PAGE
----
Valerie Corral – 2
because it is illegal and demand creates this economic pressure. Having been arrested twice, and my medicine stolen, left us with no other alternative but to seek out a source. The cost to cover one year of medicine for me measured in the thousands. Having that experience shook us. We knew that most sick people and their families were in the same situation as we were. By that time WAMM was fully operational. We founded WAMM in 1993 as a response to the victory of our first case, and already had a bourgeoning group of terminally ill folks in our collective, mostly cancer and AIDS patients.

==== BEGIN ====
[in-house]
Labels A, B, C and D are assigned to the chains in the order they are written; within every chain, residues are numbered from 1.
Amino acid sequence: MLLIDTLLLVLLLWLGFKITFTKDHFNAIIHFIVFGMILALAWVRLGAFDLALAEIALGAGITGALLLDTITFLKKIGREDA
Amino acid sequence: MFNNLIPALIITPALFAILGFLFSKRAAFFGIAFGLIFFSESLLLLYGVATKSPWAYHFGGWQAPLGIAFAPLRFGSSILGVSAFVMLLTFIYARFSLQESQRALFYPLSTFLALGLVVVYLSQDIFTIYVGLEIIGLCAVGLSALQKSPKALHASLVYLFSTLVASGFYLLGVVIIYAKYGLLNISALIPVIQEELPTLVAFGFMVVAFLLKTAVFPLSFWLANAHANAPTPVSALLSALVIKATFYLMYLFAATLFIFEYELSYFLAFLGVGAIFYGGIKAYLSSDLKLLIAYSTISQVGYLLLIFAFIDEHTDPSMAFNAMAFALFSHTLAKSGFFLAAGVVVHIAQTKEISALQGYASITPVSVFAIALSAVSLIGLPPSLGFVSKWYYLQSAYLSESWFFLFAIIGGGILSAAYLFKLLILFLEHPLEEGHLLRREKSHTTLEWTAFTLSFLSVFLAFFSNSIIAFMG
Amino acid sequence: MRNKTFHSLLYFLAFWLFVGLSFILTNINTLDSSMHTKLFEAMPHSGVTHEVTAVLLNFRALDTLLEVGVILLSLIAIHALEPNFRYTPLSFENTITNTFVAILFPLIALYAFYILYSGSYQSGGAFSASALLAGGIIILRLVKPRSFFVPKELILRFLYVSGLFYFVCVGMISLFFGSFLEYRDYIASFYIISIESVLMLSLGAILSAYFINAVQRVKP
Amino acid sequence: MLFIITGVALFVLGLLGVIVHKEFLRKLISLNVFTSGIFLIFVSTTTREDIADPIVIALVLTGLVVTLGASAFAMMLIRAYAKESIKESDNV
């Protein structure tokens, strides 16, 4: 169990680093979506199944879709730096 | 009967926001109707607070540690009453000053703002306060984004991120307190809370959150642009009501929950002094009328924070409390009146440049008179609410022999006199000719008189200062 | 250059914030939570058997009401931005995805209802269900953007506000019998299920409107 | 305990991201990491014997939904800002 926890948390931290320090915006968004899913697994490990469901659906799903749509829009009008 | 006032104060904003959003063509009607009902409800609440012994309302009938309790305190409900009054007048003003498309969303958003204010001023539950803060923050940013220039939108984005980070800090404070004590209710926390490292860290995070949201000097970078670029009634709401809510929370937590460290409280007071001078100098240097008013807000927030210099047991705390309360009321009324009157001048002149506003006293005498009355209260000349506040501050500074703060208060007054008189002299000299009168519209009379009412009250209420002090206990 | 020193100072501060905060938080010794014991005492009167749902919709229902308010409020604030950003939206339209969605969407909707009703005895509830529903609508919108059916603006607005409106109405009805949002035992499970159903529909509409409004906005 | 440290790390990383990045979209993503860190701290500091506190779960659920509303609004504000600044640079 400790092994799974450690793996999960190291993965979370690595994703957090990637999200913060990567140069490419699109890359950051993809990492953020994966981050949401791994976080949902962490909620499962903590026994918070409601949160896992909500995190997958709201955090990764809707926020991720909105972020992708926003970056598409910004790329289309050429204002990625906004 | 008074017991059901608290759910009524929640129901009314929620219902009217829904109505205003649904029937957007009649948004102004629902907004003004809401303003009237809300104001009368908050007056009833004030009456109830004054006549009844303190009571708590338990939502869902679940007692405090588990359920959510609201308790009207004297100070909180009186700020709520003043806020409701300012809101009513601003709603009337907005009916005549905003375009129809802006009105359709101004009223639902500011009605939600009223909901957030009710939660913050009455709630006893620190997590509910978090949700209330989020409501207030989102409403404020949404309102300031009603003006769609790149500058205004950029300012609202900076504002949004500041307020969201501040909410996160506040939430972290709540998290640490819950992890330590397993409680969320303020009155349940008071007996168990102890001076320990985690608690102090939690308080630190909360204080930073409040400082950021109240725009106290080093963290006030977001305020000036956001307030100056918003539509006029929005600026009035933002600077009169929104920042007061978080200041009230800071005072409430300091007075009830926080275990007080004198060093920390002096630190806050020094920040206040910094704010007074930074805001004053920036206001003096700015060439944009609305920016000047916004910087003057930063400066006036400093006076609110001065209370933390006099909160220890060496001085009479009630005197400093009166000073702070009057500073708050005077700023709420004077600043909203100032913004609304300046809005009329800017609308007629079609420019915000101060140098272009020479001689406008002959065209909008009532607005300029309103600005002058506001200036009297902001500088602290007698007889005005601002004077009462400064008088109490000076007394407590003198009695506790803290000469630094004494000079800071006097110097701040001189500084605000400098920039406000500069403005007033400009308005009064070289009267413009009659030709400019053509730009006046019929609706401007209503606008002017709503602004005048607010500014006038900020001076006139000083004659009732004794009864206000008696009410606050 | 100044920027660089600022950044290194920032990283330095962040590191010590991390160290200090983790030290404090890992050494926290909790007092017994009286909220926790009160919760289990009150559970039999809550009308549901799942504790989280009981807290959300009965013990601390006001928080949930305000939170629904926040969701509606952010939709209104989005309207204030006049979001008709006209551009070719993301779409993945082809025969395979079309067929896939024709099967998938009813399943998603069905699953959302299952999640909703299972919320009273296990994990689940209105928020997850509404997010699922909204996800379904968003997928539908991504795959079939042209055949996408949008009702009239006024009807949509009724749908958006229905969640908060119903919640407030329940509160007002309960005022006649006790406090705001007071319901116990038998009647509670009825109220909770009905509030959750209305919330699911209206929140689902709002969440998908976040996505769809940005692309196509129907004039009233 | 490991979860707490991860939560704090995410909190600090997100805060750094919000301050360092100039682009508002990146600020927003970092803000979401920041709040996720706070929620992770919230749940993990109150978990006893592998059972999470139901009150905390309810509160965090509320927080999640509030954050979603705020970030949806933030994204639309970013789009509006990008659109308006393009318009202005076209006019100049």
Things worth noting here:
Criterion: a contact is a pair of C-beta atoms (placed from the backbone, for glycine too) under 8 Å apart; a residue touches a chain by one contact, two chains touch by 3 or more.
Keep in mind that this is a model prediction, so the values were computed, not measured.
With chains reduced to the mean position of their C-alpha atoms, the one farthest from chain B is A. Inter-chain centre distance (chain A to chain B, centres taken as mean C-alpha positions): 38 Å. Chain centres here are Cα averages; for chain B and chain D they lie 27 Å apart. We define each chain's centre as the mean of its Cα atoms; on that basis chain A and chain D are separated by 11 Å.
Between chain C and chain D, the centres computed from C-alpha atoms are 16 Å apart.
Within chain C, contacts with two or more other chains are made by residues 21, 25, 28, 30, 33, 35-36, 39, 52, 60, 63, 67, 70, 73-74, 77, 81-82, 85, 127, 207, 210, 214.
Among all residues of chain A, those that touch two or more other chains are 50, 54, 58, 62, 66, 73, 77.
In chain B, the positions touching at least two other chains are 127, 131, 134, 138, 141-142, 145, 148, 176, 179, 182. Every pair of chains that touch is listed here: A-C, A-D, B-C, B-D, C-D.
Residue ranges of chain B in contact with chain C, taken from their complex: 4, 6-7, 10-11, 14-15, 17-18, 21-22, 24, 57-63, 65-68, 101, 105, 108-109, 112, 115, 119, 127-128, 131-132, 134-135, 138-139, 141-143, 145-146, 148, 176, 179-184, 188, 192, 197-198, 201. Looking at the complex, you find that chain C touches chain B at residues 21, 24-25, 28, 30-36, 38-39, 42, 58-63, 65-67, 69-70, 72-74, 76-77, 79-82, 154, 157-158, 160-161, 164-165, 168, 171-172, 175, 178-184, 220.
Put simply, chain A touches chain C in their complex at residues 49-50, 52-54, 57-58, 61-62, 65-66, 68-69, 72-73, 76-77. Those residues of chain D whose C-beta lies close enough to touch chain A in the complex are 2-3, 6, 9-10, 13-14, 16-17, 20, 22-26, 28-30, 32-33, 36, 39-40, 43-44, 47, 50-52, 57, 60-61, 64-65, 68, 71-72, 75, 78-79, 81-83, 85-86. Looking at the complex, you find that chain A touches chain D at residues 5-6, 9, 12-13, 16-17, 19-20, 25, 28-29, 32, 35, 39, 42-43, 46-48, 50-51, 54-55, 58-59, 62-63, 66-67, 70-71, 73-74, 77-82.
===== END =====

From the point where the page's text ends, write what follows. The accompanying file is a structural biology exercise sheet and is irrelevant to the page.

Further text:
The discussion at the time was centered on making access legal, but we saw a weakness. Since Mile and I had been growing for more than twenty years, by that time, we knew that unless patients could grow it themselves, we would only be supporting middlemen. Not everybody can be part of an organization that’s interdependent, but I really encourage people to grow their own marijuana. Nobody needs an organization like WAMM to do it. But the organization provides safety and gains some political power because there are many of us. When we go to our city council, the board of supervisors, the sheriff, or the chief of police we have some clout. There’s more strength in what we’re doing because we’re organized. We have identification cards and growing certificates that identify the caregiver or the patient so that the police know